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Bangkok, Thailand, September 20, 2012—
IFC, a member of the World Bank Group, is supporting Thailand’s Department of Alternative Energy Development and Efficiency to develop clean energy, which the government hopes will contribute about a quarter of the country’s total energy demand by 2021.
IFC will work with the department, which is part of Thailand’s Ministry of Energy, to review the country’s legal and regulatory framework and design business models that will reduce market barriers and support the development of clean energy, with a focus on wind and solar power.
“During the past two decades, energy consumption in Thailand has continuously increased at an average yearly rate of 4.4 percent. We are determined to improve energy efficiency and develop renewable energy to mitigate any climate change effects,” said Krairit Nilkuha, the department’s director-general. “Our collaboration with IFC in clean energy promotion will significantly support us in addressing major energy issues.”
IFC will assist the department in seeking input from other government agencies and related stakeholders on how to refine Thailand’s renewable energy policies and regulations.
“Although Thailand has enacted renewable-energy legislation, investors are still facing barriers when they invest in renewable-energy projects,” said Ian Crosby, IFC’s sustainable business advisory manager for East Asia and the Pacific. “IFC’s cooperation with the Thai government will help push for greater use of renewable and alternative energy, and increase private sector participation.”
Thailand currently relies on expensive imports to supply more than 60 percent of its primary commercial energy needs. As one of the world’s 25 top emitters, Thailand hopes to reduce greenhouse gas emissions by substituting traditional energy with renewable energy.
The IFC-Canada Climate Change Program and the Clean Technology Fund provided $680,000 and $500,000 financing, respectively, to help IFC support the Department of Alternative Energy Development and Efficiency in developing sustainable clean energy projects.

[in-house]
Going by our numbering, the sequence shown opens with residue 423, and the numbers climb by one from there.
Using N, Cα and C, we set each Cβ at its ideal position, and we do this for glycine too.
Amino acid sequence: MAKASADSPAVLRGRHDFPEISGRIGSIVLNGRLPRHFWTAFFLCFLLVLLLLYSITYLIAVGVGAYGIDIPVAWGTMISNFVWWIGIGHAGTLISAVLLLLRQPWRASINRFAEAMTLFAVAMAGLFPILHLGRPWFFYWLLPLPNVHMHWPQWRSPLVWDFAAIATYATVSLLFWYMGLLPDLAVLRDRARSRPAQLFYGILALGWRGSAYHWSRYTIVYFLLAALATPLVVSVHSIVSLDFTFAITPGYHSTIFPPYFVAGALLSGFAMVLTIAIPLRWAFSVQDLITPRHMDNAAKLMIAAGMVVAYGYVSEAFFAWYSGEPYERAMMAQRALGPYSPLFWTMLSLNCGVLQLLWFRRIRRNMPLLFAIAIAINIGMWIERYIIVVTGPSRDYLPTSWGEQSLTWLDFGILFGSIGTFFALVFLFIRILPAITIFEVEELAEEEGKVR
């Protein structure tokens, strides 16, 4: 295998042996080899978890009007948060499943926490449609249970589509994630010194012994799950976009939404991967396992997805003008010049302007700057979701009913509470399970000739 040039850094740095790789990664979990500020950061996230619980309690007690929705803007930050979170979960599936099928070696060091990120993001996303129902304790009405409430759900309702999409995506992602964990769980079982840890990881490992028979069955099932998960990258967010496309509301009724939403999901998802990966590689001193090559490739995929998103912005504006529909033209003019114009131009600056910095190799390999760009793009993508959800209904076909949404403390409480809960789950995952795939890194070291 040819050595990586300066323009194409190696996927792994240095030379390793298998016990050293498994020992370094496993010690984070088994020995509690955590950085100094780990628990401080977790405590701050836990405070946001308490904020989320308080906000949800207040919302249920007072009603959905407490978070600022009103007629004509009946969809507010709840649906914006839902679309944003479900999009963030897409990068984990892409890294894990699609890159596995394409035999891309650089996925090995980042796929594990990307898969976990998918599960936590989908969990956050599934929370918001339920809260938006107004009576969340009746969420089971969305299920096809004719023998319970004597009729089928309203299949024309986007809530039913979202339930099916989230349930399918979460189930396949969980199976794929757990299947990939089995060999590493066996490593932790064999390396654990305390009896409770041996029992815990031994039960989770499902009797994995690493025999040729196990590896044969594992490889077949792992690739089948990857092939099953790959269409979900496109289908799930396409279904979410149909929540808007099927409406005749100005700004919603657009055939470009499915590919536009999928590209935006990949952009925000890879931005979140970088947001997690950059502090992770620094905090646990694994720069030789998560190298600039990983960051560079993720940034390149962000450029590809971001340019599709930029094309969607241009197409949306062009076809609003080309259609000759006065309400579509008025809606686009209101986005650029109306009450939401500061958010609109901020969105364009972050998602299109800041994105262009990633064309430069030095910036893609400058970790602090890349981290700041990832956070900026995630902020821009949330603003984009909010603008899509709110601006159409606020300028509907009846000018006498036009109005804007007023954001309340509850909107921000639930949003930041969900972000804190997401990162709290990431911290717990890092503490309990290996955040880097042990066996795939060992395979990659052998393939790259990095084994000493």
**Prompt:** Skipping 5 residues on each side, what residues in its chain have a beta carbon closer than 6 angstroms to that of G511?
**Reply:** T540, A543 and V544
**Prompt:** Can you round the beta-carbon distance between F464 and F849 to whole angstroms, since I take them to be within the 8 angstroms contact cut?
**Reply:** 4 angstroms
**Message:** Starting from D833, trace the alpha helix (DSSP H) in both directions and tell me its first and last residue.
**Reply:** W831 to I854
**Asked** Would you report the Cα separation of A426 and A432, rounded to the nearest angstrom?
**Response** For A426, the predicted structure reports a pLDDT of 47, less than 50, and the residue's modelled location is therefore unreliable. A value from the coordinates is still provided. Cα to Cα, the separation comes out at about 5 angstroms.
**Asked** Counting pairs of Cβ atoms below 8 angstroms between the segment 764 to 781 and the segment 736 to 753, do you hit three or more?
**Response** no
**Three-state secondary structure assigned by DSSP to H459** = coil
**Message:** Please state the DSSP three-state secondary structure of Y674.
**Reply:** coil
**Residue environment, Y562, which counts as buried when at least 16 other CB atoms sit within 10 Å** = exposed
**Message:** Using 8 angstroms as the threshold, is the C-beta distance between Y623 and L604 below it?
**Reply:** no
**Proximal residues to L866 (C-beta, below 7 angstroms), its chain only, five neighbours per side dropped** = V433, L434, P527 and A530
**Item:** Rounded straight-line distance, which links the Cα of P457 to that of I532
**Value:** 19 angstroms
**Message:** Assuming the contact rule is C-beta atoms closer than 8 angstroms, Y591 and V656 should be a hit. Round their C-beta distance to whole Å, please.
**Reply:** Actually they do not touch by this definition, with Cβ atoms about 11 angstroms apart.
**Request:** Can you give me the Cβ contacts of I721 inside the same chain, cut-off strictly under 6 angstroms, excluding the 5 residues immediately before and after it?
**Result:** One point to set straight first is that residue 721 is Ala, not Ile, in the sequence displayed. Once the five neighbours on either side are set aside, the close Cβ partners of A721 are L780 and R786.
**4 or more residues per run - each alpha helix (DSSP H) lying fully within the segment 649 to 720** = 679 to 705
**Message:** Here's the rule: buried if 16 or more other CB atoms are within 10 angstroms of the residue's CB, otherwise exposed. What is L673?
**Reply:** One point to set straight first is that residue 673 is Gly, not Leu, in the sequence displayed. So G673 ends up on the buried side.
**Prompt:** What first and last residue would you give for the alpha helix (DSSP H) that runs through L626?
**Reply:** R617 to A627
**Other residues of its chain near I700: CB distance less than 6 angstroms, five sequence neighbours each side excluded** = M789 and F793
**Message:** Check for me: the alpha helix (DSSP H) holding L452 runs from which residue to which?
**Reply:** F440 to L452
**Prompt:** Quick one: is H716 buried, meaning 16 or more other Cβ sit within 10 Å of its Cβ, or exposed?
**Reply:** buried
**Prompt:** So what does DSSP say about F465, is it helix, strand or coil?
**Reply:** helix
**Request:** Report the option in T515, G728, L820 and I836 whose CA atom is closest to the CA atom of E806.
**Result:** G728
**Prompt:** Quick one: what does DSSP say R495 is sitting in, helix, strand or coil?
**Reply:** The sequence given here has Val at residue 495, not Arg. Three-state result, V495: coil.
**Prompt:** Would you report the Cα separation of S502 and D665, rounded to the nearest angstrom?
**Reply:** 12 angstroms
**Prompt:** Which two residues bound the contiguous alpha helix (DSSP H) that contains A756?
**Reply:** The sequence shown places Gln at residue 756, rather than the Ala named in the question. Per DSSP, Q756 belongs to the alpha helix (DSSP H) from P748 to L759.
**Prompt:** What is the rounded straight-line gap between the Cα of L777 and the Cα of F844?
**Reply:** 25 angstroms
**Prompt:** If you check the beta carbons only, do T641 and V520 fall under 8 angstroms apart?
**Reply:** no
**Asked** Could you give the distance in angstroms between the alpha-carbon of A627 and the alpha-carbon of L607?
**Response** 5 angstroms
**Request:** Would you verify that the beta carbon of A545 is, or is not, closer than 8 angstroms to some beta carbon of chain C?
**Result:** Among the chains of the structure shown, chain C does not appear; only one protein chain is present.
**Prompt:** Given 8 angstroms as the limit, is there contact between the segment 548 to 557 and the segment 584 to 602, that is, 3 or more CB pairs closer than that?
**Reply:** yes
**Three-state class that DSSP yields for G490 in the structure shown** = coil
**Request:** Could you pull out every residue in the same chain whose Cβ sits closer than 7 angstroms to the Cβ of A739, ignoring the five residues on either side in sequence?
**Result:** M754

“The global challenge of climate change requires a global solution, and Canada is proud to support environmental efforts such as these,” said Peter Kent, Canada’s environment minister.
IFC, a member of the World Bank Group, is the largest global development institution focused exclusively on the private sector. We help developing countries achieve sustainable growth by financing investment, mobilizing capital in international financial markets, and providing advisory services to businesses and governments. In FY12, our investments reached an all-time high of more than $20 billion, leveraging the power of the private sector to create jobs, spark innovation, and tackle the world’s most pressing development challenges. For more information, visit
About the IFC-Canada Climate Change Program
The IFC-Canada Climate Change Program promotes private sector financing for clean energy projects. Canada’s financing to IFC for this program is part of its overall fast-start financing contribution for 2010–2011. Under the Copenhagen Accord, developed countries committed to provide fast-start financing of almost $30 billion for 2010–2012 to support climate-change mitigation and adaptation in developing countries. As part of Canada’s commitment to support climate change action in developing countries, Canada is contributing $1.2 billion Canadian dollars in new and additional climate-change financing over three years (fiscals 2010–2013).
About the Clean Technology Fund
One of the Climate Investment Funds, the Clean Technology Fund provides developing countries with positive incentives to scale up the demonstration, deployment, and transfer of technologies with a high potential for long-term greenhouse-gas emissions savings.
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